on 14 January 2014
I loved Burn Notice from beginning to end and I watched the entire Season 7 in one day that's how gripping the story was. The action is as good as ever and the end is a finale that the fans love because it's a good ending ( not like the end of Dexter which was very disappointing in my mind....). When you've been living with a great show for so many years, it's like they become part of your family and you want a happy ending for the characters. Burn Notice delivers....
on 20 September 2014
I really like the series but I must admit I was disappointed with the two last seasons : one doesn't really retrieve the atmosphere that is so much enjoyed in the first five seasons, and the fun we have thanks to the wonderful performance of Jeffrey Donovan playing a different character in every episode. In this season there is no client, there is no funny tricky situations, there is no real Michael Westen; we are just dragged to the end of the story.
I didn't find the last episode too bad though, especially the little references to the first season. So I will stop being like spies (bunch of bitchy little girls!) and I will just conclude that it's still nice watching it, and that there are worse ways of spending your free time.
I have seen every episode of Burn Notice and thoroughly enjoyed everyone.
Series 7 ties everything up in a neat little bow, no loose ends.
I think the producers called this just right, Burn Notice was just starting to run out of steam,
but the series finale is excellent and has a fair few twists as well.
I'm sure we'll see the outstanding Jeffrey Donovan again soon, meanwhile
I am off to down a few Mojito's.
In the last 15 years, TV has changed dramatically. Instead of mostly stand alone episodes, many TV shows tell multi-episode stories. That’s why I respect it when show runners and TV networks set end dates for series I love. It gives the show runner a chance to end the story how they want to without dragging things out too much.
Of course, sometimes the tenor of the show has changed. That was the case with Burn Notice. I got into the show just before season 2 started airing, and I’ve been a loyal viewer ever since. However, with season 6 the show got darker, and that continued with Season 7 of the show.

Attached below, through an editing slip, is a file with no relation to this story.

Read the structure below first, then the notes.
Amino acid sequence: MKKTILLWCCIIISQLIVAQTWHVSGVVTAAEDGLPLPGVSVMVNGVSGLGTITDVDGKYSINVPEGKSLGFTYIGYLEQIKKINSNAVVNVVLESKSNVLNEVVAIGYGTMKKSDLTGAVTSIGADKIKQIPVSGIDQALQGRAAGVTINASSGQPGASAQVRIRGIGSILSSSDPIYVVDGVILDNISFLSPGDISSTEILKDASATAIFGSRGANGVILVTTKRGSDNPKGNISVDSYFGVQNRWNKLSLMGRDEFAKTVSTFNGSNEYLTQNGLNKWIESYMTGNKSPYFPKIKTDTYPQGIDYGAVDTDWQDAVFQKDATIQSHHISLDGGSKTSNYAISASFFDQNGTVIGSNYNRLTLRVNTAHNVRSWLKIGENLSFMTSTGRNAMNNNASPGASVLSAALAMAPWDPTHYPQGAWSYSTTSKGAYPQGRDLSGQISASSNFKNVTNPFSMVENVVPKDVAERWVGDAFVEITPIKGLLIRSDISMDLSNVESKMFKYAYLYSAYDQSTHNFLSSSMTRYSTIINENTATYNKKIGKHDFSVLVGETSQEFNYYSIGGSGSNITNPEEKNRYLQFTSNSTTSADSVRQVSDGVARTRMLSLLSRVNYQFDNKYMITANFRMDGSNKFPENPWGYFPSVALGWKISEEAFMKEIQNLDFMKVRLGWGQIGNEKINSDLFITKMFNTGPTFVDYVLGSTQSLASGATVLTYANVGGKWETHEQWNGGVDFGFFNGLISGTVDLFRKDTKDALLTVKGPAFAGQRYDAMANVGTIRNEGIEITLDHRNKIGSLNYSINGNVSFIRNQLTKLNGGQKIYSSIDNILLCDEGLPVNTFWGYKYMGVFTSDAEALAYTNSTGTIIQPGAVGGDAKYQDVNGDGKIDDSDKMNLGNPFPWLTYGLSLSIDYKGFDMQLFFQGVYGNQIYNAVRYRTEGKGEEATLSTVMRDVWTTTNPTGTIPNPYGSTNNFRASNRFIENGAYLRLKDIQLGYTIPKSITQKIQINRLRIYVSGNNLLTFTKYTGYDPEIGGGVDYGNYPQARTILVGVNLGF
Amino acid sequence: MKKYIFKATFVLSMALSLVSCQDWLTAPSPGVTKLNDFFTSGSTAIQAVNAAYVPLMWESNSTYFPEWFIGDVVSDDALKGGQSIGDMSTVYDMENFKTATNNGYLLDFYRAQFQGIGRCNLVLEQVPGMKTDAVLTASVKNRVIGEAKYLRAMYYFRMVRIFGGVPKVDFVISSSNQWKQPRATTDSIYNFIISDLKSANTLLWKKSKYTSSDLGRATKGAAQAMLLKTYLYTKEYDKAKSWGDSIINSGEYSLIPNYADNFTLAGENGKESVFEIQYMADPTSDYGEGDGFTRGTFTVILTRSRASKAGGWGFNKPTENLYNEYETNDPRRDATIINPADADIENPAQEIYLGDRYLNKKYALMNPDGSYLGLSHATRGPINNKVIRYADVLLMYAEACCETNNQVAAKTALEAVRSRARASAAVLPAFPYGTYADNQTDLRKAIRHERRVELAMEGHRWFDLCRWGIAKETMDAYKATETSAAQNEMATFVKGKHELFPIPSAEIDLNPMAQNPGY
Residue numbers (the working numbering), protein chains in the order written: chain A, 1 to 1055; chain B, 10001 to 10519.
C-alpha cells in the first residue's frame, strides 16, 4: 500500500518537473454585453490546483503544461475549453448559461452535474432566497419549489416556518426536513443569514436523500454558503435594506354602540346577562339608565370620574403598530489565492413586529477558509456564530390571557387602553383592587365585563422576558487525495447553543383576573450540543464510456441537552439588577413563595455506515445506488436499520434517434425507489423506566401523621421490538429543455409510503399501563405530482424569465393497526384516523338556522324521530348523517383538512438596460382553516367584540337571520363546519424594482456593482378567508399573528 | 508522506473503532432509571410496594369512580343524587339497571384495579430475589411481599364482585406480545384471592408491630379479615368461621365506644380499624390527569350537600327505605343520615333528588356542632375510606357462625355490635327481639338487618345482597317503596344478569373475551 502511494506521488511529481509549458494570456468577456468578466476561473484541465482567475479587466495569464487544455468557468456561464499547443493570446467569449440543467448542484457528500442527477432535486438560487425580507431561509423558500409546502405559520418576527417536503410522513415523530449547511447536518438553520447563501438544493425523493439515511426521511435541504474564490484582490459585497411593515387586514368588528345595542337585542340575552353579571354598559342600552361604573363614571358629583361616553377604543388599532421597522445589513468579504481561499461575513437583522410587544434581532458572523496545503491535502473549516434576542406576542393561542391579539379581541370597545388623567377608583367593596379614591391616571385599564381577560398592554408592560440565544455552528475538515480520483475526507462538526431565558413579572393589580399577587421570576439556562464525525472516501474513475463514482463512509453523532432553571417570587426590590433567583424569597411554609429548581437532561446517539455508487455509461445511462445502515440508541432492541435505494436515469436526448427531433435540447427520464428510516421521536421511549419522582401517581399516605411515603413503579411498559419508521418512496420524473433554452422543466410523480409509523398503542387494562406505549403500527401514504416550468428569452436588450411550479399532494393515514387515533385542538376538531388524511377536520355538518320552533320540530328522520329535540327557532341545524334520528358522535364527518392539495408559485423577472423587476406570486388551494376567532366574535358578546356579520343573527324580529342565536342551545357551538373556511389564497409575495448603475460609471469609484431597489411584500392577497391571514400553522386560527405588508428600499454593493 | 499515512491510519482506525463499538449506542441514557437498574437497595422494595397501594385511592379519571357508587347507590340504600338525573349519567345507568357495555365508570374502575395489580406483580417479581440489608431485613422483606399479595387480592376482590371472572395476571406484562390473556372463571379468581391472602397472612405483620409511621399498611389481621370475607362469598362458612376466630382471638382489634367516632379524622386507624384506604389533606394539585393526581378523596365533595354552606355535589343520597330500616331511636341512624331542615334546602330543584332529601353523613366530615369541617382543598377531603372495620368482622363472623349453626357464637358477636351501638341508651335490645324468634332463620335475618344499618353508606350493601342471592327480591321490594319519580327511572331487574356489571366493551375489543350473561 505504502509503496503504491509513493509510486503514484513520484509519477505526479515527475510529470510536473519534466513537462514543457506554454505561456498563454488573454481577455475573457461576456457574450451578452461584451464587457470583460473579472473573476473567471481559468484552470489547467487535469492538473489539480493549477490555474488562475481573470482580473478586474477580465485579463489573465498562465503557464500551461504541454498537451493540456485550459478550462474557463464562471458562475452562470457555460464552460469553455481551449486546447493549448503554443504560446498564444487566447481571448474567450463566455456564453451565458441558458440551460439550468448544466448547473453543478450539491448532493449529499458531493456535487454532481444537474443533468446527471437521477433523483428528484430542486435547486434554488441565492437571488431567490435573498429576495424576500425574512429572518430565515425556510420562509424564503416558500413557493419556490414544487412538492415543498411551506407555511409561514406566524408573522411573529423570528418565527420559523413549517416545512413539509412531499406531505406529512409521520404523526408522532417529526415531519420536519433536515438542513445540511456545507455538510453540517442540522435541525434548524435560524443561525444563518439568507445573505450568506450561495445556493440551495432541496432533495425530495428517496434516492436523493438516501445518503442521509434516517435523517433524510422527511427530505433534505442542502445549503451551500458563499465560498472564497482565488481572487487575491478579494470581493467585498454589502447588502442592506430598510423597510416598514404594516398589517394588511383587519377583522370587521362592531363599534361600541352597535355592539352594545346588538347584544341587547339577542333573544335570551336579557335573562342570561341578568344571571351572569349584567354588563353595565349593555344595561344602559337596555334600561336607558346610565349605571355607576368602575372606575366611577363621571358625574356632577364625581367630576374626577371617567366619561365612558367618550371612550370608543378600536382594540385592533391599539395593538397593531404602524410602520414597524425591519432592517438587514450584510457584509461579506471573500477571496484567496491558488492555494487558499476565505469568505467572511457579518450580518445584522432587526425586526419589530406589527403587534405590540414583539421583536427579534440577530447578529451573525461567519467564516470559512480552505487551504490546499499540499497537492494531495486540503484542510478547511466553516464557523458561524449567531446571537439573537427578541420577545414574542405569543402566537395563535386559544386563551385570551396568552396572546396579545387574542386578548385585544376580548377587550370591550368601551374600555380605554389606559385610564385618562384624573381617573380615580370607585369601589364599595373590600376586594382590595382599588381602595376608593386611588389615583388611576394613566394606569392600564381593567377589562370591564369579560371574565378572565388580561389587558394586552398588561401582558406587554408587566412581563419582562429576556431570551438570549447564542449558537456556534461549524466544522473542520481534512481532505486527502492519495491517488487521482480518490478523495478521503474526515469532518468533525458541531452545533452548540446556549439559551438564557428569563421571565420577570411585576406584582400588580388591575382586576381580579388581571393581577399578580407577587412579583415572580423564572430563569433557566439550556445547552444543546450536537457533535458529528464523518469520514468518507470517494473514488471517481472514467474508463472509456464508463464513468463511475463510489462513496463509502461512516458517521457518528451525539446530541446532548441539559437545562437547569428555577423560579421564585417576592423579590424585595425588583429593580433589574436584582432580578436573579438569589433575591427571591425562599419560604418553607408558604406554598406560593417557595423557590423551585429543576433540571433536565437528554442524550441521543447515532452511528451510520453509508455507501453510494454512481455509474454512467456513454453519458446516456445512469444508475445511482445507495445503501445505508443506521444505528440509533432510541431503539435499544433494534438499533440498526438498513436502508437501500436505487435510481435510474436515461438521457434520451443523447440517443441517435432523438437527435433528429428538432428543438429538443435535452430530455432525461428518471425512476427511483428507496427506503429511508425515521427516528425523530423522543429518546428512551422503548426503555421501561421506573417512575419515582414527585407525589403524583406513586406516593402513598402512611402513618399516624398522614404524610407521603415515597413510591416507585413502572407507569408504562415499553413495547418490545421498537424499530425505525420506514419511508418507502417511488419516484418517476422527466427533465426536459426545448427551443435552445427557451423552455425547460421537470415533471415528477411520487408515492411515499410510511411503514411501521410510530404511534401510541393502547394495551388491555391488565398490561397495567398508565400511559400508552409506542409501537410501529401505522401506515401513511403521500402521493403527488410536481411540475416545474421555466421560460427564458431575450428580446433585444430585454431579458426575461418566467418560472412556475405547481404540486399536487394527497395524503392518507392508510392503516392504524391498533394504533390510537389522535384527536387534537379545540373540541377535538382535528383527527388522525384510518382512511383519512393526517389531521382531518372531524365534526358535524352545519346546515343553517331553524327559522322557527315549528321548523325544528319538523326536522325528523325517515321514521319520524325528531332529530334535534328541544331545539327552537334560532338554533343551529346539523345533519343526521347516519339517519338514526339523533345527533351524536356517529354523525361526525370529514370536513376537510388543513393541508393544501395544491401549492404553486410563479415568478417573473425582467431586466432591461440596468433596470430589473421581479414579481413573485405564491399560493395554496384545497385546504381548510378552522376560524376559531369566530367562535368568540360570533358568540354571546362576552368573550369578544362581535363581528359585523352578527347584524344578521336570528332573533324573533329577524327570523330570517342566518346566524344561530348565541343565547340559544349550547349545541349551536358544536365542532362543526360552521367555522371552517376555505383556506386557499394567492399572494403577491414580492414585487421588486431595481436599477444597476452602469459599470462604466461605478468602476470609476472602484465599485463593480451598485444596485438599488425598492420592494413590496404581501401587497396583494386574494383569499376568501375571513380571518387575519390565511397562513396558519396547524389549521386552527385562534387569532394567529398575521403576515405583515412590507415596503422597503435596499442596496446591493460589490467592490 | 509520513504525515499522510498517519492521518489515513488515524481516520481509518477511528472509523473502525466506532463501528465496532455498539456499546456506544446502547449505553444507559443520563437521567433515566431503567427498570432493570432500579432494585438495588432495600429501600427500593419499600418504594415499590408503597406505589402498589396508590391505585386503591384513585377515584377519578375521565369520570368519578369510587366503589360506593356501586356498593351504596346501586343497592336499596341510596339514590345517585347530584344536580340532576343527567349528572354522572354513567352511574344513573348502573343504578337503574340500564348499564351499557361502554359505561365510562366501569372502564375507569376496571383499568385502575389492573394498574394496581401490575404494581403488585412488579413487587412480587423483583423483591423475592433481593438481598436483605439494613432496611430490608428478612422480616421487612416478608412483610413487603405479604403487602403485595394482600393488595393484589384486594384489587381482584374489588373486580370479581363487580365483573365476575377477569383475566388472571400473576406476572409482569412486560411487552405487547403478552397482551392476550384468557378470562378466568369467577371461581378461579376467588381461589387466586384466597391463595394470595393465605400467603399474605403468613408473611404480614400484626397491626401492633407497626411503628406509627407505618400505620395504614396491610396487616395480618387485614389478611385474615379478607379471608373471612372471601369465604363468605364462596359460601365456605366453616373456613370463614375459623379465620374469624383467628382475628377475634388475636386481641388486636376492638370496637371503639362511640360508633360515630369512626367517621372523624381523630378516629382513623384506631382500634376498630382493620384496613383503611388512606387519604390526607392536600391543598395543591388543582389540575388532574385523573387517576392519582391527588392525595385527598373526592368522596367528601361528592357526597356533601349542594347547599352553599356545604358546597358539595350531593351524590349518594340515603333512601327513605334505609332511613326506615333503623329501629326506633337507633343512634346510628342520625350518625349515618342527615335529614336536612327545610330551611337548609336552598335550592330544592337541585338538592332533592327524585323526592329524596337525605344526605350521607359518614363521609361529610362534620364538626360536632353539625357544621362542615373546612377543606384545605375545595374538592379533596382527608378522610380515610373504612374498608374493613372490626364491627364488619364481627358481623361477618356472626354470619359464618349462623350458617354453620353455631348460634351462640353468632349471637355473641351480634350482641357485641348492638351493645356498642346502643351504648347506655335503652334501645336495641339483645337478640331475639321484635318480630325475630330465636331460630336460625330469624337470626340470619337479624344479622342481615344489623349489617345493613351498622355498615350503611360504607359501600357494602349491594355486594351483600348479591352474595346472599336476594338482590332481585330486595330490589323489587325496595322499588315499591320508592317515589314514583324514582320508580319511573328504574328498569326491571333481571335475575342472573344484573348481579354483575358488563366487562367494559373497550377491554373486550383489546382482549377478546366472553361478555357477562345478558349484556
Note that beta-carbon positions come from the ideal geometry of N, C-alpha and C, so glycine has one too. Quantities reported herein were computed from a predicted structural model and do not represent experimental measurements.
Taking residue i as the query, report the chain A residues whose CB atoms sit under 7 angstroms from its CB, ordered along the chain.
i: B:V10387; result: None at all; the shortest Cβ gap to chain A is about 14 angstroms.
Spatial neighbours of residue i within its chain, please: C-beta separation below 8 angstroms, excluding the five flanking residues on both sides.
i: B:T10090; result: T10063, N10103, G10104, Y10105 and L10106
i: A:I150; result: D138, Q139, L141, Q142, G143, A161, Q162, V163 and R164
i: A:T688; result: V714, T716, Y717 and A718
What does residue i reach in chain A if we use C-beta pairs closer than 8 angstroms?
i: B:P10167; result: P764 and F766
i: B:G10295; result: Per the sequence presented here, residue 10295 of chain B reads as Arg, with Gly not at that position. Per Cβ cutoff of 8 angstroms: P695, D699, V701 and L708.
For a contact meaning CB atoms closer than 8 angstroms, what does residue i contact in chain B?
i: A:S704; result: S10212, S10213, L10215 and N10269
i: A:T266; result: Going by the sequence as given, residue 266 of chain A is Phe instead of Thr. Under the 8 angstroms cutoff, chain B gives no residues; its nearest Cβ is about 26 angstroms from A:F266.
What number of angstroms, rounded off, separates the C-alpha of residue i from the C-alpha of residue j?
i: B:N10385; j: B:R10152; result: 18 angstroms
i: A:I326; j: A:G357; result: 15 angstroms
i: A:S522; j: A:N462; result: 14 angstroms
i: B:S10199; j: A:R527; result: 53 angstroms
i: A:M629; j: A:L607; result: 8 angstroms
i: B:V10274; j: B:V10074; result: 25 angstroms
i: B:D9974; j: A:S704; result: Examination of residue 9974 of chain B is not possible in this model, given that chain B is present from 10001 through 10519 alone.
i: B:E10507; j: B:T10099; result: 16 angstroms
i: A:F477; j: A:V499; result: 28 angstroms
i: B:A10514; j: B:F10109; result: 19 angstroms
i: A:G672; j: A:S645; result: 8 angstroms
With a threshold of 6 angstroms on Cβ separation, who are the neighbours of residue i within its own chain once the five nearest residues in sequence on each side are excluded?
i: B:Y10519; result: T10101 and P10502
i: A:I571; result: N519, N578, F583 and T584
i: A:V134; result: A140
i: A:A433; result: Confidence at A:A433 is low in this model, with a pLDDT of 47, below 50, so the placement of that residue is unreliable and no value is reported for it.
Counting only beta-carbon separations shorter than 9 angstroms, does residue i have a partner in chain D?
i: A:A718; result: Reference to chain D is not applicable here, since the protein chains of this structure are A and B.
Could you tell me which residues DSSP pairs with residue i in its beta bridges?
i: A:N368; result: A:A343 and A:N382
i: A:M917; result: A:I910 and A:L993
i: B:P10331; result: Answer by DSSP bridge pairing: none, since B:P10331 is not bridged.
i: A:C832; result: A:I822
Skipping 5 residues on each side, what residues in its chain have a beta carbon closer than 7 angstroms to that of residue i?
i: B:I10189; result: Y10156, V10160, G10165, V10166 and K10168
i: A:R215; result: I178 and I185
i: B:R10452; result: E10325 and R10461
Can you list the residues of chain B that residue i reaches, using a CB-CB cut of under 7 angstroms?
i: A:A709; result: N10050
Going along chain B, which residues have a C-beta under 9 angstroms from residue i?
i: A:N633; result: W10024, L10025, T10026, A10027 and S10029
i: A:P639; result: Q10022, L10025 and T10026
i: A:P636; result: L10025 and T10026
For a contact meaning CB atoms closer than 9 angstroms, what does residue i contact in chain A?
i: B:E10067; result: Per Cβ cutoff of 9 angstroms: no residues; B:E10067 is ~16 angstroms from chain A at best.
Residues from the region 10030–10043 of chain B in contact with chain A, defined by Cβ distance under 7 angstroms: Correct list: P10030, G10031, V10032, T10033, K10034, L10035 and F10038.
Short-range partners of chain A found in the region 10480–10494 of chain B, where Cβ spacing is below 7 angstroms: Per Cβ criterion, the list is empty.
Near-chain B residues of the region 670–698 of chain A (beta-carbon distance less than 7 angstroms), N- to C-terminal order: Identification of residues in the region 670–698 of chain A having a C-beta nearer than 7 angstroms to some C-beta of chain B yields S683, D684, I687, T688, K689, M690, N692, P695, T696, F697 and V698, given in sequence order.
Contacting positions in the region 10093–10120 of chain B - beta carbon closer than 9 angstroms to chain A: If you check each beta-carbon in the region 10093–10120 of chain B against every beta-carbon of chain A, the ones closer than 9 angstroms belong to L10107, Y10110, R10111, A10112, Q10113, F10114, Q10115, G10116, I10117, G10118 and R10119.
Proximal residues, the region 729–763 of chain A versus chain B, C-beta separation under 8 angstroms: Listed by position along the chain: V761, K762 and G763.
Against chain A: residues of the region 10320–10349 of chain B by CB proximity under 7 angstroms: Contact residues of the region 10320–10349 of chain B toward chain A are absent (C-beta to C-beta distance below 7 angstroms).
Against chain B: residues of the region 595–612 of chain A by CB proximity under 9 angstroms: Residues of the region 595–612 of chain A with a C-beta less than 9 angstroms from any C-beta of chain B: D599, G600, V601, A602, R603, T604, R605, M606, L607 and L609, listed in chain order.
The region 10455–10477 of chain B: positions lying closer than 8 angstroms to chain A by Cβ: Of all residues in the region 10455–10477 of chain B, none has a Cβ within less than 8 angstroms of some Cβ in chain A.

When season 7 picks up, it has been nine months since we last saw Michael Westen (Jeffrey Donovan) and his friends. In that time, no one has even heard from Michael. That’s because as part of the deal that got his friends released from CIA custody, he’s been deep under cover in the Dominican Republic to take down a terrorist organization. If he can do this, maybe he and everyone else in his life will finally be free.
Of course, as he finally gets in with the group, he finds he needs help and he begins reaching out to his friends again. Sam Axe (Bruce Campbell) and Jesse (Coby Bell) are more than ready to help, but Fiona (Gabrielle Anwar) has moved on; she even has a new boyfriend. And Michael’s mom Madeline (Sharon Gless) just wants her son to come home so she doesn’t lose anyone else. Will that even be a possibility or will he wind up exposed and dead?
The darkness of season 6 continued with season 7, and I didn’t like that. The show had always put our heroes up against overwhelming odds, but here the odds seemed worse than normal. The humor that the show had often had also dimmed. There were still some good lines, but I missed the mood lightener it had presented.
Of course, a few episodes before the end, there was a twist that really darkened things. I was not a fan of that at all.
So it was with much reluctance that I sat down to watch the series finale. But I was very pleasantly surprised with how things ended. No, it wasn’t all light and warmth, but it was very satisfying, and even more importantly, it felt right. We sent these characters out with style after seven years.
And I loved the nods to some of the elements of the series in the finale, too.
The show has always been known for its action, and that was still a strong point here. The stunts and explosions are as big as ever. I will admit that one or two were a little obviously fake, but most of the time I believe what I’m watching.
These actors have always brought their characters to wonderful life, and this season was no exception. In fact, while I didn’t like some of the places the plot went, I always bought it thanks to the great acting.
There were 13 episodes in this final season, and they are presented here in their native wide screen and full surround sound on four discs. Looking for extras? You'll get the standard deleted scenes and gag reel as well as a featurette on how the end of the show was created.
So if you are a fan of Burn Notice, you owe it to yourself to find out how things end. It may not be quite the journey you hope for, but the end of Season 7 will satisfy.
on 17 January 2015
Caught Burn Notice when it was advertised on tv, watched it as there wasn't much else on at the time if I remember, and became hooked. 7 seasons later and we are still loving it. It is a programme that can be watched again and again and never gets boring, by the time we get to the end we usually start again and watch it when there is nothing else on worth watching (which is often)!